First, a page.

2011-04-01 / Editorial/Opinion

Why Is Experience Under Fire?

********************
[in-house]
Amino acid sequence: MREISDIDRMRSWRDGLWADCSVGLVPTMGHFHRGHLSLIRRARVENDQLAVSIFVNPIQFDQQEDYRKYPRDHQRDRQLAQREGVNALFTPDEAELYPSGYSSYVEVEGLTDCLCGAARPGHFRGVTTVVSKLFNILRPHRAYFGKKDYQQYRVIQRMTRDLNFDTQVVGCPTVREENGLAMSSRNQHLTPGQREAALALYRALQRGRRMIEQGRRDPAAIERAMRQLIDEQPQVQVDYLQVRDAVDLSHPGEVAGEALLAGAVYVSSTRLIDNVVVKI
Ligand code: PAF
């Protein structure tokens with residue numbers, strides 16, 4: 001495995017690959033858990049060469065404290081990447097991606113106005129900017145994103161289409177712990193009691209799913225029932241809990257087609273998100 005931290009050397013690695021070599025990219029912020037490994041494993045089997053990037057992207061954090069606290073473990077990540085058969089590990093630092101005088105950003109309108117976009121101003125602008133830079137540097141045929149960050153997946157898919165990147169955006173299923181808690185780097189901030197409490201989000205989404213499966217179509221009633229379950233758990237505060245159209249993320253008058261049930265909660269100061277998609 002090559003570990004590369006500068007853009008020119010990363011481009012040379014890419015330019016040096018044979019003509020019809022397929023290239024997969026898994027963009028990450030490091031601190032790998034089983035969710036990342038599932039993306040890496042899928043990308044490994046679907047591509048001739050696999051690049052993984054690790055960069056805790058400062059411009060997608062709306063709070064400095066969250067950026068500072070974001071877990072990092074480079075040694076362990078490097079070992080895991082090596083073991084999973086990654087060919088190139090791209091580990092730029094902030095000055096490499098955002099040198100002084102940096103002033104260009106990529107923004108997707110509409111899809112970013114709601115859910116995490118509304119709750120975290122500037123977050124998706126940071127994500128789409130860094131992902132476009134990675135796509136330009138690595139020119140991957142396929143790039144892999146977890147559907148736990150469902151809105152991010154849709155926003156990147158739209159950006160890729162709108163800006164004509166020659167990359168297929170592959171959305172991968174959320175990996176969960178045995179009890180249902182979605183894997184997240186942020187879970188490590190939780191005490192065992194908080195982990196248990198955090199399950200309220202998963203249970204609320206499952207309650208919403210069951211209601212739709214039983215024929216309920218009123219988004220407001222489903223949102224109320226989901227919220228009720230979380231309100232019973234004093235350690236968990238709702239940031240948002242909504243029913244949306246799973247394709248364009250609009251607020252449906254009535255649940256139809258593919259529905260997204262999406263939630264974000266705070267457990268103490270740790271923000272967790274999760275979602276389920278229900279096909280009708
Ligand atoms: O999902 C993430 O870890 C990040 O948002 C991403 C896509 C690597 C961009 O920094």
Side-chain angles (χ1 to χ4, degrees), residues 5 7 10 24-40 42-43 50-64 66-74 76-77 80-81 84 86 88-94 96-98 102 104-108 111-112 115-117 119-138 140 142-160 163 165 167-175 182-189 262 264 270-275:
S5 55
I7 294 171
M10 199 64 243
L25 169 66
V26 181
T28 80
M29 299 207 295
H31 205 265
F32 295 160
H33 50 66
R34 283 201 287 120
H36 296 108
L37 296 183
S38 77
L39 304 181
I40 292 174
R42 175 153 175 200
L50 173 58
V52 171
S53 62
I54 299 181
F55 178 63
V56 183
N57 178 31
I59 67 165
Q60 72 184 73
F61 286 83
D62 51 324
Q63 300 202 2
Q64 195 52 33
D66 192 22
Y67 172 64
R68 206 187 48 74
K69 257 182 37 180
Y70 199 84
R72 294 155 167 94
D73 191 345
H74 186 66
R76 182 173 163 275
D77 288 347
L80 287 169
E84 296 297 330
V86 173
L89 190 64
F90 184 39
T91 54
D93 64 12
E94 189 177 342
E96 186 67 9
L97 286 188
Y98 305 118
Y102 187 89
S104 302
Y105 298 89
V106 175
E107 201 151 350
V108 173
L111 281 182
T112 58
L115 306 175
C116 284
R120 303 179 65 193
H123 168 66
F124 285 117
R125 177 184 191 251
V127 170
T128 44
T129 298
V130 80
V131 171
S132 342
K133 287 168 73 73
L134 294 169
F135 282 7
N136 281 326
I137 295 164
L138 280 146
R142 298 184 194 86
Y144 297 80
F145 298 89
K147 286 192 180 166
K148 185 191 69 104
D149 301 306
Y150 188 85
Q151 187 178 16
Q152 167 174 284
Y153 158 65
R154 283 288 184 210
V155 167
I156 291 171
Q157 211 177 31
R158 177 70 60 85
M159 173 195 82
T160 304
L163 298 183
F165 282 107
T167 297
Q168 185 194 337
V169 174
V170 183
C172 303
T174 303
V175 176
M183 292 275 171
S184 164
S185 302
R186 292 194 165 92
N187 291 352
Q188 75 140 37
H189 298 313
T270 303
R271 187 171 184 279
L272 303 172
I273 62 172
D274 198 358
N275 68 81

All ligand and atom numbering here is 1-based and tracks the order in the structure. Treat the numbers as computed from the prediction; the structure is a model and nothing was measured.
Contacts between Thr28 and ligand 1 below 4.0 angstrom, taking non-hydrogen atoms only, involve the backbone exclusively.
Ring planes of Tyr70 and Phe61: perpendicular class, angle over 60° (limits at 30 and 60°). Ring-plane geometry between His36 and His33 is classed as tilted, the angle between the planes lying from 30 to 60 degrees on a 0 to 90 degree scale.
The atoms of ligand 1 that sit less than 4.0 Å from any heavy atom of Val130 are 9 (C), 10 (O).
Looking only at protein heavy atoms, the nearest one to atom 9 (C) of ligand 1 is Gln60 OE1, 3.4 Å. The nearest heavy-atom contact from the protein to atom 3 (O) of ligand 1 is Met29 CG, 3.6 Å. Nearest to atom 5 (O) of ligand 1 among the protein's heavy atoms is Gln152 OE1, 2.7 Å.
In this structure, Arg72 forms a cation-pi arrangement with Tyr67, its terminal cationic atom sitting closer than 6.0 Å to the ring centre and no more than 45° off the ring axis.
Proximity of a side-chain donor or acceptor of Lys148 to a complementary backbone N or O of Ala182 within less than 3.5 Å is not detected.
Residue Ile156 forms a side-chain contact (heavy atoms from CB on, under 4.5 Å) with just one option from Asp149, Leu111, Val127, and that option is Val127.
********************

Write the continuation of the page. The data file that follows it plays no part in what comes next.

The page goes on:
Pick up a newspaper or watch television and you will see Mayor Michael Bloomberg-sponsored ads attacking the teacher seniority rules. All across the nation, right-wing critics and left-wing elitists alike are challenging the civil service laws and the last in-first out rules that obtain in most venues. Why, all of a sudden have municipal workers such as teachers become demons – the problem rather than part of the solution? In most of the ads and commercials, experience is demeaned as if it were somehow evil. “We can’t keep teachers just because they have seniority, we need the best teachers,” most of the ads and commercials trumpet. Why is experience under fire? For example, when you go looking for a surgeon, you look for a doctor who has done the procedure you need hundreds of times. You don’t look for the eager youngster who has never done the procedure before but has lots of enthusiasm. When you need an attorney, you look for somebody with the expertise you need to win your case. Would you rather have Sully Sullivan as the pilot of your plane or a pilot who is at the controls for the first time? We know the answers to those questions. Why, then, are new teachers inherently better than experienced teachers? The answer is, they are not. Of course, some older teachers have “burned out,” and some new teachers are wonderful. That does not mean, however, that we should sweep out the seniority rules that have obtained since 1940, when the state legislature enacted senior based layoff laws. The laws were put on the books to ensure that hiring and layoff decisions were fair and objective. That need has not changed. Many principals are drooling over the idea of laying off all of their senior teachers, many of whom are making upwards of $90,000, not because they are poor teachers, but because the principals can then turn around and hire two or three new teachers at the same cost. Don’t think that won’t happen across the board. We urge our legislators to stand fast against the anti-teacher ad blitz and refuse to end the long-standing seniority rules.

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